Community Post

Cheap Drink Ban Failing

Back in 2002 the city tried to fight chronic street alcoholics by restricting the sale of certain malt liquors and fortified wines in the downtown area. And as one might expect, that ended up pushing the problem out into other neighborhoods, especially Capitol Hill, where the cheap booze was still available.

So at the end of 2006 the area for the ban was enlarged to include Capitol Hill, the University District, and most of the CD (the map was carefully drawn to include every convenience store in our neighborhood). And now, 18 months later, we’ve got the first report on how it’s working: hardly at all.

The ban was placed on specific brands of drinks such as Night Train and Colt 45, and so the businesses have just gone and rebranded the same drinks to avoid the ban. And the alcoholics, not caring too much about brand loyalty, have made the switch.

And here at CDN World Headquarters, we can attest to its failure. One of the many things we hear on the scanner each day is the multiple calls for the detox van to come and pick people up and take them to Harborview. It goes on that way all day long, and the cost to all of us must be enormous.

The whole effort seems misguided to me. Businesses will always figure out a way to get around the rules to maintain their revenue streams, and chronic alcoholics aren’t going to decide to get cleaned up just because their favorite drink is no longer available at the convenience store.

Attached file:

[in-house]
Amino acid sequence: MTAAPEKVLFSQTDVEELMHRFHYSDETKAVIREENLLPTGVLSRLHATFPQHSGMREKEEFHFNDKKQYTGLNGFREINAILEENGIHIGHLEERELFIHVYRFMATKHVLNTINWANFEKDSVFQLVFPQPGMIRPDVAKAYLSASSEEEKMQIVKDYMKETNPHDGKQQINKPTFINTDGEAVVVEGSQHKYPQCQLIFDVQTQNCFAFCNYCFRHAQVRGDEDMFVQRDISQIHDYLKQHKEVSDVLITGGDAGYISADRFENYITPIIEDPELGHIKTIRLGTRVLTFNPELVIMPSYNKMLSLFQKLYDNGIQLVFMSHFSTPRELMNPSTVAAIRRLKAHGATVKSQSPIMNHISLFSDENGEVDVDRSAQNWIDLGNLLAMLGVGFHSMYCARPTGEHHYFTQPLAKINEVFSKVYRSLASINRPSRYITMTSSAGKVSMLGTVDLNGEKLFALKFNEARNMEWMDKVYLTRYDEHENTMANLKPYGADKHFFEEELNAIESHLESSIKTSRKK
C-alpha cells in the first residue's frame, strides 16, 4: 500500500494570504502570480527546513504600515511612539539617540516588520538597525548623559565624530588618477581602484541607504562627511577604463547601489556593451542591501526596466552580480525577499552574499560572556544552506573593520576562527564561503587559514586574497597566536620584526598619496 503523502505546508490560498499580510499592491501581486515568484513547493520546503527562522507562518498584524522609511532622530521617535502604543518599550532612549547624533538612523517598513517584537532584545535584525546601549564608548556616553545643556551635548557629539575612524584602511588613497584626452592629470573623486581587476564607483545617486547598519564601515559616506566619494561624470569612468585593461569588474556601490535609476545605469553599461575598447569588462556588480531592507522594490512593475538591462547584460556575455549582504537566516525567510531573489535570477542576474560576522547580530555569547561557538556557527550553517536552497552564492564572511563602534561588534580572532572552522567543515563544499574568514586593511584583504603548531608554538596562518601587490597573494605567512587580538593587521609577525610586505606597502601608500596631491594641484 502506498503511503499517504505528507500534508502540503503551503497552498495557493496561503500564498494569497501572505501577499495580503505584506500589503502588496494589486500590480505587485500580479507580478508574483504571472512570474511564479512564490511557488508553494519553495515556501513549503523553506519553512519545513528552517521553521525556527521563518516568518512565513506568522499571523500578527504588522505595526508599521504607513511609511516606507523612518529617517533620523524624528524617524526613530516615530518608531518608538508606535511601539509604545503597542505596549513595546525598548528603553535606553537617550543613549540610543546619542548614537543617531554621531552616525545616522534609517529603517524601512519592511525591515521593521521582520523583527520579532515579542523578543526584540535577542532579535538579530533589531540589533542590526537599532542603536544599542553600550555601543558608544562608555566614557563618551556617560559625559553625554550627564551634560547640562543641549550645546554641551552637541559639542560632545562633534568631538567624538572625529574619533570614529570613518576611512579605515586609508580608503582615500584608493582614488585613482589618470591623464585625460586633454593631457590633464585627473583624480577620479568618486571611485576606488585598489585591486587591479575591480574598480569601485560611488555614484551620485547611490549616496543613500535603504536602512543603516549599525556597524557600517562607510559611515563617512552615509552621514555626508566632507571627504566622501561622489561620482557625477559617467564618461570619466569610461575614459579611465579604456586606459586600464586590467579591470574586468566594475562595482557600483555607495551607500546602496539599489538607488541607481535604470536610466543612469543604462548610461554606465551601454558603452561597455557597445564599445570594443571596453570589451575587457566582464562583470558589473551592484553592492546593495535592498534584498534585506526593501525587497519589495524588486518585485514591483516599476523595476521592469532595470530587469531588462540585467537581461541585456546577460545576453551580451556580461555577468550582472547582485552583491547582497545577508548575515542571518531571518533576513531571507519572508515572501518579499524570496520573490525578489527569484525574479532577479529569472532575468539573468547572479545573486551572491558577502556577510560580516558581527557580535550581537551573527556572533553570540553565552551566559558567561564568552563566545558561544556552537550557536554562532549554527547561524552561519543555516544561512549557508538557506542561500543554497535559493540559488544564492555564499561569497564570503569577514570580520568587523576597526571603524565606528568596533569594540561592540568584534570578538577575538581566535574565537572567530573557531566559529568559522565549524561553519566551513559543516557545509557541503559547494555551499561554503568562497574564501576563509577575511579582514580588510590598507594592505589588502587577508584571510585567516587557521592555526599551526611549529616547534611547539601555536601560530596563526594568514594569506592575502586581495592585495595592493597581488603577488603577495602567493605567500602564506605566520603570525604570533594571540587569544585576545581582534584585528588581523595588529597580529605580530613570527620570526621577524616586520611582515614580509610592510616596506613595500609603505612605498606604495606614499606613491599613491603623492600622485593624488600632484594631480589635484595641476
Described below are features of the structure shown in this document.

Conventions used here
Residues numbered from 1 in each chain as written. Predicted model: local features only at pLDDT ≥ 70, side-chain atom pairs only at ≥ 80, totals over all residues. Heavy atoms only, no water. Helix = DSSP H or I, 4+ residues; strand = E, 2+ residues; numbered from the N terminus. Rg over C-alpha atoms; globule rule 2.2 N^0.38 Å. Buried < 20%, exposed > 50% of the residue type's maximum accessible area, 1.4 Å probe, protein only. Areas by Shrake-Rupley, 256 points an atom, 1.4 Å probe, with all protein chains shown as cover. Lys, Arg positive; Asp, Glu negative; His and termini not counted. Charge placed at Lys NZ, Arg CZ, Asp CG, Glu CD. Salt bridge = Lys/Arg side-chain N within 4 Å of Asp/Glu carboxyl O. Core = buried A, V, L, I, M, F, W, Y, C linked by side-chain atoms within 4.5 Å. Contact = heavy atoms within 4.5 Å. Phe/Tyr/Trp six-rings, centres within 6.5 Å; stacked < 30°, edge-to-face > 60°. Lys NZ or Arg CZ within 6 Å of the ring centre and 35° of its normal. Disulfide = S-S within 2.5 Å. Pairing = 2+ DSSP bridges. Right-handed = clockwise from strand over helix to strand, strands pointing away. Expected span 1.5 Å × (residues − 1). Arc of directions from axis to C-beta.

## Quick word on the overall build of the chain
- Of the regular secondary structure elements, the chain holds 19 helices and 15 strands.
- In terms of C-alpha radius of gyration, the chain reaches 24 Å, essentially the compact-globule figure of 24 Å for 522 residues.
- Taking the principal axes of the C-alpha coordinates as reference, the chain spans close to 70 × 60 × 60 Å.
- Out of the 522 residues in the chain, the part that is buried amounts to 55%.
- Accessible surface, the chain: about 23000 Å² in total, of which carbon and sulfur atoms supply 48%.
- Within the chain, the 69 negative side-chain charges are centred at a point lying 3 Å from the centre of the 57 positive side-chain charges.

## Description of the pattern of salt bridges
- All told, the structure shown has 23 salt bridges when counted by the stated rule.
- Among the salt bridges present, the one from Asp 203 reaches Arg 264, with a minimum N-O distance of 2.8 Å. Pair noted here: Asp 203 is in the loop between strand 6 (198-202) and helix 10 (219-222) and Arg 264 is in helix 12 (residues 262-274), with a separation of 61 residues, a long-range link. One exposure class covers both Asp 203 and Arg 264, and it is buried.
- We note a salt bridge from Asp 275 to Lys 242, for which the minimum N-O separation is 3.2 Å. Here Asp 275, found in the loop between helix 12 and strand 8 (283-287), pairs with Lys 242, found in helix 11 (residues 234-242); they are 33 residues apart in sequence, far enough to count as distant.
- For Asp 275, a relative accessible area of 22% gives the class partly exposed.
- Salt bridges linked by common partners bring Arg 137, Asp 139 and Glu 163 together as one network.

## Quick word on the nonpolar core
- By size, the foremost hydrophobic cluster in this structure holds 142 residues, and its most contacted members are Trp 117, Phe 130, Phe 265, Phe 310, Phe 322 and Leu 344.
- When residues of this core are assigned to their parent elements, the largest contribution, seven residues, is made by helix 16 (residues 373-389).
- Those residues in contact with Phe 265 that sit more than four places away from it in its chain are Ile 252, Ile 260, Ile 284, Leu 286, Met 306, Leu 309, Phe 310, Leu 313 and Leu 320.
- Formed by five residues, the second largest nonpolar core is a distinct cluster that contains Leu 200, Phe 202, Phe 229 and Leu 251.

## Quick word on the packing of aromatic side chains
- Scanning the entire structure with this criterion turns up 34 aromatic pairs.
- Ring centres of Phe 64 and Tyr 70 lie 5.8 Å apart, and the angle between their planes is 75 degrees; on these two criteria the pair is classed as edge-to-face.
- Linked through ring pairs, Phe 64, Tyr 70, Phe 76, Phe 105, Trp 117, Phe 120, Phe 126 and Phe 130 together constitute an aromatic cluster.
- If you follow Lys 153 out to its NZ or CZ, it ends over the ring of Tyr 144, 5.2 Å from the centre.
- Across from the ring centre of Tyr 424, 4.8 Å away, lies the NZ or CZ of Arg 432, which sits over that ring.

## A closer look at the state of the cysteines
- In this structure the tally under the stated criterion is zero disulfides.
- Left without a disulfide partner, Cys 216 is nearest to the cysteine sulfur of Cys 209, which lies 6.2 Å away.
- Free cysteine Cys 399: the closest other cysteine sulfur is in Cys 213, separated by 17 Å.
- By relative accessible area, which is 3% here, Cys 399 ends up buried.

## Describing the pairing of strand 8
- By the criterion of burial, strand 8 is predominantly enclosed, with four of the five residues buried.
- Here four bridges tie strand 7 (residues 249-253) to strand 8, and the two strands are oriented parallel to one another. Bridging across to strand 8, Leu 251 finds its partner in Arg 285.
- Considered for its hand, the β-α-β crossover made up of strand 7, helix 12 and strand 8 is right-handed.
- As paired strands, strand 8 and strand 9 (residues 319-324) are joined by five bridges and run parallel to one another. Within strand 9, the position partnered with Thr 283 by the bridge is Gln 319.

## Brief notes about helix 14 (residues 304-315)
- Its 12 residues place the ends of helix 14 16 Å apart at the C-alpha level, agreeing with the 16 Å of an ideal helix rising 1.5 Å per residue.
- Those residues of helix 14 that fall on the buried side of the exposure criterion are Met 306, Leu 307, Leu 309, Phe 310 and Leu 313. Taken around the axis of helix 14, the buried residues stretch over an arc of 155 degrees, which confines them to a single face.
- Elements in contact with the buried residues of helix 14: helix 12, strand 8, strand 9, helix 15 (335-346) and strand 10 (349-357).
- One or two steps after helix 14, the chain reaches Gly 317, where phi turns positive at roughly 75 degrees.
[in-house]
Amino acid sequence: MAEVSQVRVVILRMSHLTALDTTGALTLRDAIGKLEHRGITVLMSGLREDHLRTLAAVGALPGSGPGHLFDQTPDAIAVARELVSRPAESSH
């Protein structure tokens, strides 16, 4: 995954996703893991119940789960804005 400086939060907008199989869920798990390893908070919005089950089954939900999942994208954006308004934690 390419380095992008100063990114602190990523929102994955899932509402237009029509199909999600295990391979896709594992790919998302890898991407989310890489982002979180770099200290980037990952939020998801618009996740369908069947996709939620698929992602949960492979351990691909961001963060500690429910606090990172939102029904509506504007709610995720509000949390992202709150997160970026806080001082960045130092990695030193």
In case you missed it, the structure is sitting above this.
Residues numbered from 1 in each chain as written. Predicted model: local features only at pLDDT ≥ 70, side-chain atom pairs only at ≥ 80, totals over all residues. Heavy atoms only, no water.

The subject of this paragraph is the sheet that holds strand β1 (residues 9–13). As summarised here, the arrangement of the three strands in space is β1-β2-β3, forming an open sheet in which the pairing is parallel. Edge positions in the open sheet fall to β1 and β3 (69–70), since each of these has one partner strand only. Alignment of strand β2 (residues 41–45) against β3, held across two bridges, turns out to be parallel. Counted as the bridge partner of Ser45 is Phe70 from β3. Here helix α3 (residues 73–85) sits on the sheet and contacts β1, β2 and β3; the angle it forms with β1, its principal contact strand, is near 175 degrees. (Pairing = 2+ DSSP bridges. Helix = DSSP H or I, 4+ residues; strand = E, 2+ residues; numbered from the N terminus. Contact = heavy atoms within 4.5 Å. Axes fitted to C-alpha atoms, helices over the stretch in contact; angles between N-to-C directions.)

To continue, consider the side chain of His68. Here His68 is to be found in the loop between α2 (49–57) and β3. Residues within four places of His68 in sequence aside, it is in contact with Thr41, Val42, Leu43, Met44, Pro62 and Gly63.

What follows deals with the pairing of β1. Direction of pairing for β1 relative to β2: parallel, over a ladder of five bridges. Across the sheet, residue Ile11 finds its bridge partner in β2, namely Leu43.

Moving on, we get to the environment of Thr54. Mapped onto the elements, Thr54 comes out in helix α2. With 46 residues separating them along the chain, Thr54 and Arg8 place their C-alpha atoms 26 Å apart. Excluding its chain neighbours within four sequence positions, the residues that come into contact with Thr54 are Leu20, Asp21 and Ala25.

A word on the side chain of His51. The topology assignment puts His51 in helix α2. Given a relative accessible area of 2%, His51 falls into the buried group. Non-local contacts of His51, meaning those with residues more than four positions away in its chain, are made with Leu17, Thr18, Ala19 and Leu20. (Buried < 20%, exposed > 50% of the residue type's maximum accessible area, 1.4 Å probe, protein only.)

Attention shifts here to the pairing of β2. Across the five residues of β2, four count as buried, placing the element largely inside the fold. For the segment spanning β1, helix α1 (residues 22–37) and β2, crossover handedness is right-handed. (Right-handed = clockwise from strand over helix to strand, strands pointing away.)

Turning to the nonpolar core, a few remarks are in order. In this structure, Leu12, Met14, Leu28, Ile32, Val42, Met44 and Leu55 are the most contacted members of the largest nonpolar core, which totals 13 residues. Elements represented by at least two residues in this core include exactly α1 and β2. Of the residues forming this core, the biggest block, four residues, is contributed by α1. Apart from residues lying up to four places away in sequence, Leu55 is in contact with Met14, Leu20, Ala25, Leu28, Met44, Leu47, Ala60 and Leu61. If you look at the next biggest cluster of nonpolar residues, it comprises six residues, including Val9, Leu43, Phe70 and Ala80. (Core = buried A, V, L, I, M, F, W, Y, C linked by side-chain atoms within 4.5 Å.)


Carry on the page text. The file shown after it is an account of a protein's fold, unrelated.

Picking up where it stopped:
The one thing that has been effective is the housing for homeless drunks that the county built over near Denny Way & I-5. It was very controversial when it started because it allows homeless alcoholics to have a small place to live and still keep drinking. But a study earlier this year showed that it saves money through cutting trips to the hospital and the county jail. And it provides stability and a support network that encourages the alcoholics to work on their addiction.

Another problem is that convenience stores are often very bad neighbors. Most of their margins come from their liquor sales, and they actively court and depend on an anti-social subset of society to keep their businesses afloat. So giving communities more tools to encourage good behavior from the stores would be very helpful.

So how about this: let’s put a big new tax on booze sales in convenience stores, and apply the revenue from that to build more housing and treatment options for people with chronic drinking problems. Then maybe we can get some real results for our neighborhoods and help people at the same time.

h/t to Andrew for the links

Comments are closed.